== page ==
New measures to simplify college inspections are finally coming into effect. Ministers promised a lighter touch approach more than three years ago, in line with the Bureaucracy Task Force recommendations. The Commons education select committee echoed the demand last year after warning ministers that colleges were being strangled by red tape and buried in paperwork.
Now, instead of an army of Ofsted inspectors banging at college doors every four years, annual snapshots of progress will be taken by small teams, while big inspections will be scaled down. Fewer inspectors, less paperwork and - for colleges that excel - an end to the four-yearly invasions. This has to be good news for students and employers seeking guarantees of quality, since snapshots aim to check weaknesses. Good news too for college staff and managers who should come to see inspectors as critical friends.
Lecturers complain that, under the current system, they hear much criticism but get little useful advice.
At present, once a college is identified as "failing", it is hamstrung by an out-of-date report no matter how rapidly it improves. Nothing can be done about it until the inspector calls. This does much damage to the reputation of colleges, since national newspapers regularly claim 40 colleges are failing. In fact, only four are failing.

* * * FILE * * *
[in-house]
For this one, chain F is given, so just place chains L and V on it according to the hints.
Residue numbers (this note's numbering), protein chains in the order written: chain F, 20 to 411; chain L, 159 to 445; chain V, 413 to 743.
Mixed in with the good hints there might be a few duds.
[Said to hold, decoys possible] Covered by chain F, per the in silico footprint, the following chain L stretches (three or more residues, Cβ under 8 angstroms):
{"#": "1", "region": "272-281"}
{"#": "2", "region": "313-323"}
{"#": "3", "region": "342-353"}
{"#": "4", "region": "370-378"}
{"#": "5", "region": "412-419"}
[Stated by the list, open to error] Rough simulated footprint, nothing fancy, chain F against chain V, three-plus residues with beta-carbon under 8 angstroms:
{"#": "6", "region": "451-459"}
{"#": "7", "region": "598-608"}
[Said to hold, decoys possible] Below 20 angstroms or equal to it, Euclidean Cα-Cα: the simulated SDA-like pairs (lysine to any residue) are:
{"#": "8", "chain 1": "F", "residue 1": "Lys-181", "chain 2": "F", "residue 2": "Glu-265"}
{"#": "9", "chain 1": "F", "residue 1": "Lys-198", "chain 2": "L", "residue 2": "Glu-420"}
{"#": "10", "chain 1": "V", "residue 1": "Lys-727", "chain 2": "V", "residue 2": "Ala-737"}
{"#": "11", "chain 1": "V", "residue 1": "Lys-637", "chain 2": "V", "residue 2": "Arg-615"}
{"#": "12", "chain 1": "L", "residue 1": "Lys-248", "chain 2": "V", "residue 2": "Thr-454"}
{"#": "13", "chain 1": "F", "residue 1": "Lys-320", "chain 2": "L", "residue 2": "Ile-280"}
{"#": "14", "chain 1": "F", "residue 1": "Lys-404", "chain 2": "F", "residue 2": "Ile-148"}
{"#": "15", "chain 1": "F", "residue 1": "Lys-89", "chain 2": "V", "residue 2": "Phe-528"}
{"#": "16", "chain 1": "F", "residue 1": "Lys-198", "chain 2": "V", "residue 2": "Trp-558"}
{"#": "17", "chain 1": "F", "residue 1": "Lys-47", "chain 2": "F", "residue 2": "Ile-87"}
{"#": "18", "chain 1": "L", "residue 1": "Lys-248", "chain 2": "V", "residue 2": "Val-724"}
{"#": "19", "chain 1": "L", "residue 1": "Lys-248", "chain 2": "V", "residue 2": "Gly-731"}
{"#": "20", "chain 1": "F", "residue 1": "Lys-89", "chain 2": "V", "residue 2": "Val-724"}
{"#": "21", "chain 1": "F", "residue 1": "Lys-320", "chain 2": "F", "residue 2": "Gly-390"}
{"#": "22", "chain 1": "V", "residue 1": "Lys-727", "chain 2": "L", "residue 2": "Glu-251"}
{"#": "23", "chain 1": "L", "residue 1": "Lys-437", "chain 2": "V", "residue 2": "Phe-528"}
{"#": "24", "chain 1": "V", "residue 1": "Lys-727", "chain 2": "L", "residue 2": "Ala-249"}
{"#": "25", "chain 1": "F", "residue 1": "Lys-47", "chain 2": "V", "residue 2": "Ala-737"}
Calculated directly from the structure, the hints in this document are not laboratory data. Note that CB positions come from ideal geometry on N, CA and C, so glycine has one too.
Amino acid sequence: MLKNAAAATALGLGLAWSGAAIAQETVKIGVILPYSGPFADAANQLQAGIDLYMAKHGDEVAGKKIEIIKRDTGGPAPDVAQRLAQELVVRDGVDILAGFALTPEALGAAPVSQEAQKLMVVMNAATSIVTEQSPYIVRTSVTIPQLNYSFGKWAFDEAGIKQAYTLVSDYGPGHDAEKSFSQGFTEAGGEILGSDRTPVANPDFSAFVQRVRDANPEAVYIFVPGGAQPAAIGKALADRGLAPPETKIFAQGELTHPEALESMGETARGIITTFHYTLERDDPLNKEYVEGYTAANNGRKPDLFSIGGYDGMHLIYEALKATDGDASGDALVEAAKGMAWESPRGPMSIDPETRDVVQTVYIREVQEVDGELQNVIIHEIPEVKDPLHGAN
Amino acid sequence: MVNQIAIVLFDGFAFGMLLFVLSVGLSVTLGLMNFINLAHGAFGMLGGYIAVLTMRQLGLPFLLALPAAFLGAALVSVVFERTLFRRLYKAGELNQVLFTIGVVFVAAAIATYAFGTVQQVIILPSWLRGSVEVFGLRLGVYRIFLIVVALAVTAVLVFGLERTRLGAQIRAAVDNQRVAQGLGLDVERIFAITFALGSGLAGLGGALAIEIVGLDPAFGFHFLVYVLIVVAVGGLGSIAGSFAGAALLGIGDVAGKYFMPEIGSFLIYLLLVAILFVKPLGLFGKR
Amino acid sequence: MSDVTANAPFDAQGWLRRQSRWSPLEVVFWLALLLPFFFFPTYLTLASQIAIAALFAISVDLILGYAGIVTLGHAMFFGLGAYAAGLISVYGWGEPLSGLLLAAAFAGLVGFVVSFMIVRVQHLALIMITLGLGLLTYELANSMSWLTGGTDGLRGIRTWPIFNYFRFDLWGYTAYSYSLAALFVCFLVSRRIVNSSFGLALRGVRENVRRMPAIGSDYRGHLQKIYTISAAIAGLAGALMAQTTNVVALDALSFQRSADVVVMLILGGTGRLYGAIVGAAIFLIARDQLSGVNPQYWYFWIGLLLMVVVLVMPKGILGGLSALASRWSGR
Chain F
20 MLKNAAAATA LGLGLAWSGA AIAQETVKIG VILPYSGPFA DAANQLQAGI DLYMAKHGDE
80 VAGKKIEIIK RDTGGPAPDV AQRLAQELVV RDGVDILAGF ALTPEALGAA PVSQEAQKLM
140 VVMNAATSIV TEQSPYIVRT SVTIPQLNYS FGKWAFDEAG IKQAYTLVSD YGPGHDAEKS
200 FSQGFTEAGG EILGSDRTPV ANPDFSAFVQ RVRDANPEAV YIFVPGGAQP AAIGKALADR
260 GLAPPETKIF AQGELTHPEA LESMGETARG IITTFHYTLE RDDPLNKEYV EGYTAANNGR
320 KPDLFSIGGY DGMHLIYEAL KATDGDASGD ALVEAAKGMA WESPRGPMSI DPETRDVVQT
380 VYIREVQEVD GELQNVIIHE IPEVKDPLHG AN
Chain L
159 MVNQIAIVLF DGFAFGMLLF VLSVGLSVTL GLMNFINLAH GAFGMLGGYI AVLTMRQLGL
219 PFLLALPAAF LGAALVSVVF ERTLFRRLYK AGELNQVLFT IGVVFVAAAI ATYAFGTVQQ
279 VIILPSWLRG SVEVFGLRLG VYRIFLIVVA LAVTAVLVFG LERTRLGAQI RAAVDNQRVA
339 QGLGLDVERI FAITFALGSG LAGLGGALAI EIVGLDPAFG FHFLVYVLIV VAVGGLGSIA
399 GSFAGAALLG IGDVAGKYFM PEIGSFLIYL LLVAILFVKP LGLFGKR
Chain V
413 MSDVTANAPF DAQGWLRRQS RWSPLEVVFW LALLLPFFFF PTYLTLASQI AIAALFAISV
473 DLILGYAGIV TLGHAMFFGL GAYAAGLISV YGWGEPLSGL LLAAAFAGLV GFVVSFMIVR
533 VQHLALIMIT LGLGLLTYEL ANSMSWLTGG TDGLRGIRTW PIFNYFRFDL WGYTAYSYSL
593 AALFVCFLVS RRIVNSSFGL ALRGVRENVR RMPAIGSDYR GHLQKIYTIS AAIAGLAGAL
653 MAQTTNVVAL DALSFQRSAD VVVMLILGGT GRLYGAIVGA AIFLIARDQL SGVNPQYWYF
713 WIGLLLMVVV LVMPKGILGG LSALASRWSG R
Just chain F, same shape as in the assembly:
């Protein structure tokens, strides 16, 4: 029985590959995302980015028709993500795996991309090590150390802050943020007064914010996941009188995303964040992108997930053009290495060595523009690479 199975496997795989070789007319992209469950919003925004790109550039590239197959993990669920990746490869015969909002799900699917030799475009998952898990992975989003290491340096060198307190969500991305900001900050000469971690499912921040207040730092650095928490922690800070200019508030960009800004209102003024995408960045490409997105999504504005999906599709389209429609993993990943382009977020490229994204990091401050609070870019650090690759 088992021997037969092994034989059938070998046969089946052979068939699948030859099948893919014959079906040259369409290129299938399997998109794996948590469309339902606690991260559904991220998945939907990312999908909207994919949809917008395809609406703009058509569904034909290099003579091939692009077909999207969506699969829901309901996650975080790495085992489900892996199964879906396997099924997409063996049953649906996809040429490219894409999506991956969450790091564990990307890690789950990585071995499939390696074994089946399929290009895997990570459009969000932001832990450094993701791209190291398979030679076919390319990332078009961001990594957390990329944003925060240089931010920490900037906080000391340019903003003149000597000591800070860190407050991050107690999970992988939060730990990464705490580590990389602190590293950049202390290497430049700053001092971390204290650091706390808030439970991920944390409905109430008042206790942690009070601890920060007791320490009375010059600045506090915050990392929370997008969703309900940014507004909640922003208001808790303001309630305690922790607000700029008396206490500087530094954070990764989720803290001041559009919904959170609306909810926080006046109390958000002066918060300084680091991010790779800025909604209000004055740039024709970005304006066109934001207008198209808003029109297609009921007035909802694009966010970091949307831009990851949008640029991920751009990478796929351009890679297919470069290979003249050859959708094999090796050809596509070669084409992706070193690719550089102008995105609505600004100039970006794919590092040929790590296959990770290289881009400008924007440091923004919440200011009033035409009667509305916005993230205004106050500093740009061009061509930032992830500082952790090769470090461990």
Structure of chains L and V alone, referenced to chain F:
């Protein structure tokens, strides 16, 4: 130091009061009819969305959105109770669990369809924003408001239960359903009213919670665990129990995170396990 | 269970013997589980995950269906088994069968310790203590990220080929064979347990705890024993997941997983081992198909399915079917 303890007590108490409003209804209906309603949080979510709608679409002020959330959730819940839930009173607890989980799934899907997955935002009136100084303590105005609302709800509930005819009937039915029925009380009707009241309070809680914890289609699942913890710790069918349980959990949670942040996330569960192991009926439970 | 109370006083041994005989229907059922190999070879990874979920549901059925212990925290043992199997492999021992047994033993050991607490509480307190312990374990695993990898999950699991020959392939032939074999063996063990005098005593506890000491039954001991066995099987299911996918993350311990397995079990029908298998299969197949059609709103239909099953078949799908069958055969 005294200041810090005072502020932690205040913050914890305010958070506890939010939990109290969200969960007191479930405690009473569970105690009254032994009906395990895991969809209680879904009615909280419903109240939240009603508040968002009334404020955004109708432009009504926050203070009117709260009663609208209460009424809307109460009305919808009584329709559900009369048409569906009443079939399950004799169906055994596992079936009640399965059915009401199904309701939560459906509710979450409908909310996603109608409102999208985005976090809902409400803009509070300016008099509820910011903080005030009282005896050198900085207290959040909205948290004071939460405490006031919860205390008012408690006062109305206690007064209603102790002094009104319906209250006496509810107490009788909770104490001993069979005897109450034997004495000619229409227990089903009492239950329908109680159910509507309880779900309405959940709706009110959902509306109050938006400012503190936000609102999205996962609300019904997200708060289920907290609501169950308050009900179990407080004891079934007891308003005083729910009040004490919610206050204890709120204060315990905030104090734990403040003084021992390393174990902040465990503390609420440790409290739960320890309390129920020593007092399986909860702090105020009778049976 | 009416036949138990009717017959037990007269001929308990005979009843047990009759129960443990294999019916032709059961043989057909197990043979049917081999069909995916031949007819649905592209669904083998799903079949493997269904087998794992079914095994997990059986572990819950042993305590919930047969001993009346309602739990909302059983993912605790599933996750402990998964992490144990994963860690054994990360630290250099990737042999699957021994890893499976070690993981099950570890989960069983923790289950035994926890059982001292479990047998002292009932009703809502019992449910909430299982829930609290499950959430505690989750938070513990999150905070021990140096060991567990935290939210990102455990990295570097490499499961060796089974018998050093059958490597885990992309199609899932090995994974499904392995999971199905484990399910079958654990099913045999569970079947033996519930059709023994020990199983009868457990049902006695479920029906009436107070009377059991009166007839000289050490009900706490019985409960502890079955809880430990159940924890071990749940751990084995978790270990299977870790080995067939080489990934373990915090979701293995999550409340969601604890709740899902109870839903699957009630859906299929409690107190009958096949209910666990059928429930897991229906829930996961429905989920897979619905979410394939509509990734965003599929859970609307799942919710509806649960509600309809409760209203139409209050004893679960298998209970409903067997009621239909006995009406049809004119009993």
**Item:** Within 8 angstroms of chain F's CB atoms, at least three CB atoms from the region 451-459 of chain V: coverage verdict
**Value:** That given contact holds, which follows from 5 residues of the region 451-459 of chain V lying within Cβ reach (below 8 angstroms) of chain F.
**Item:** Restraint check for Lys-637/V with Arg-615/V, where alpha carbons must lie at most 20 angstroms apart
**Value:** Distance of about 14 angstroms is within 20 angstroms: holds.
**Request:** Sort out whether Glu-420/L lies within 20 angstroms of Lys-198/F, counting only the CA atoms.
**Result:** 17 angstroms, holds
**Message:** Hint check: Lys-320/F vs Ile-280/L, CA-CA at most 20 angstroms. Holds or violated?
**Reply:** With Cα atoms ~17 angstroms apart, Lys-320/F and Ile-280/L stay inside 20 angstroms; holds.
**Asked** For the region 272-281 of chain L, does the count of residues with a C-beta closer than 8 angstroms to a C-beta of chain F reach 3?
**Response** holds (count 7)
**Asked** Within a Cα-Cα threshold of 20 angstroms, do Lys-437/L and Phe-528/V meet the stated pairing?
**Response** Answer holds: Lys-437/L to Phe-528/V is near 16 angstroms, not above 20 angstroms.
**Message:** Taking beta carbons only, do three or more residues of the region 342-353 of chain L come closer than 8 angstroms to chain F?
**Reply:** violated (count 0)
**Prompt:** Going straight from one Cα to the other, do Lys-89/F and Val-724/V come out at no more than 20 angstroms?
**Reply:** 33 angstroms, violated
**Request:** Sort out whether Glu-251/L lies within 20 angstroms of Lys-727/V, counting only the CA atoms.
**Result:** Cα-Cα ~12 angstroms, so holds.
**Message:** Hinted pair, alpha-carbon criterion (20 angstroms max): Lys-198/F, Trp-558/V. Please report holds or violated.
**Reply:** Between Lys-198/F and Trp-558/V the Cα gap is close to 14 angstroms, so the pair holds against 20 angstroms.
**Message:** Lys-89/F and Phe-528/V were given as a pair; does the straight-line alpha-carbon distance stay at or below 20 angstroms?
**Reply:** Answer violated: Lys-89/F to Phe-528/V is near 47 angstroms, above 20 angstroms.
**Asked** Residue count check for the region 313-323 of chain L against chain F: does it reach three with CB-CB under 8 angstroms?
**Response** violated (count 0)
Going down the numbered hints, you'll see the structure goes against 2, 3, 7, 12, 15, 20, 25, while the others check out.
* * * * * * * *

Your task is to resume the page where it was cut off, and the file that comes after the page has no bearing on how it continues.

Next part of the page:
However, the Ofsted reforms announced today should be seen as only a first step towards rationalising and cutting red tape. There are more than 20 external bodies auditing and inspecting FE, at a cost of pound;500 million a year. They distract staff and managers from essential tasks for up to 100 days a year in a large college. Many of these organisations, particularly the awarding bodies and finance auditing agencies, are more interested in the methodology and accuracy of inspection than in whether or not the college is successful. Reforms are still urgently needed to cut a swathe through this costly work.
Nor do the Ofsted reforms in themselves guarantee greater efficiency. That will depend on how rapidly college managers seek solutions to identified problems. It will also depend on how well the new Quality Improvement Agency works in supplying remedies for colleges in trouble.
But, whether or not the reforms bring about the lighter touch and reduced bureaucracy hoped for, the Association of Colleges is right to say that here is evidence of further education institutions at least being treated in a more grown-up fashion.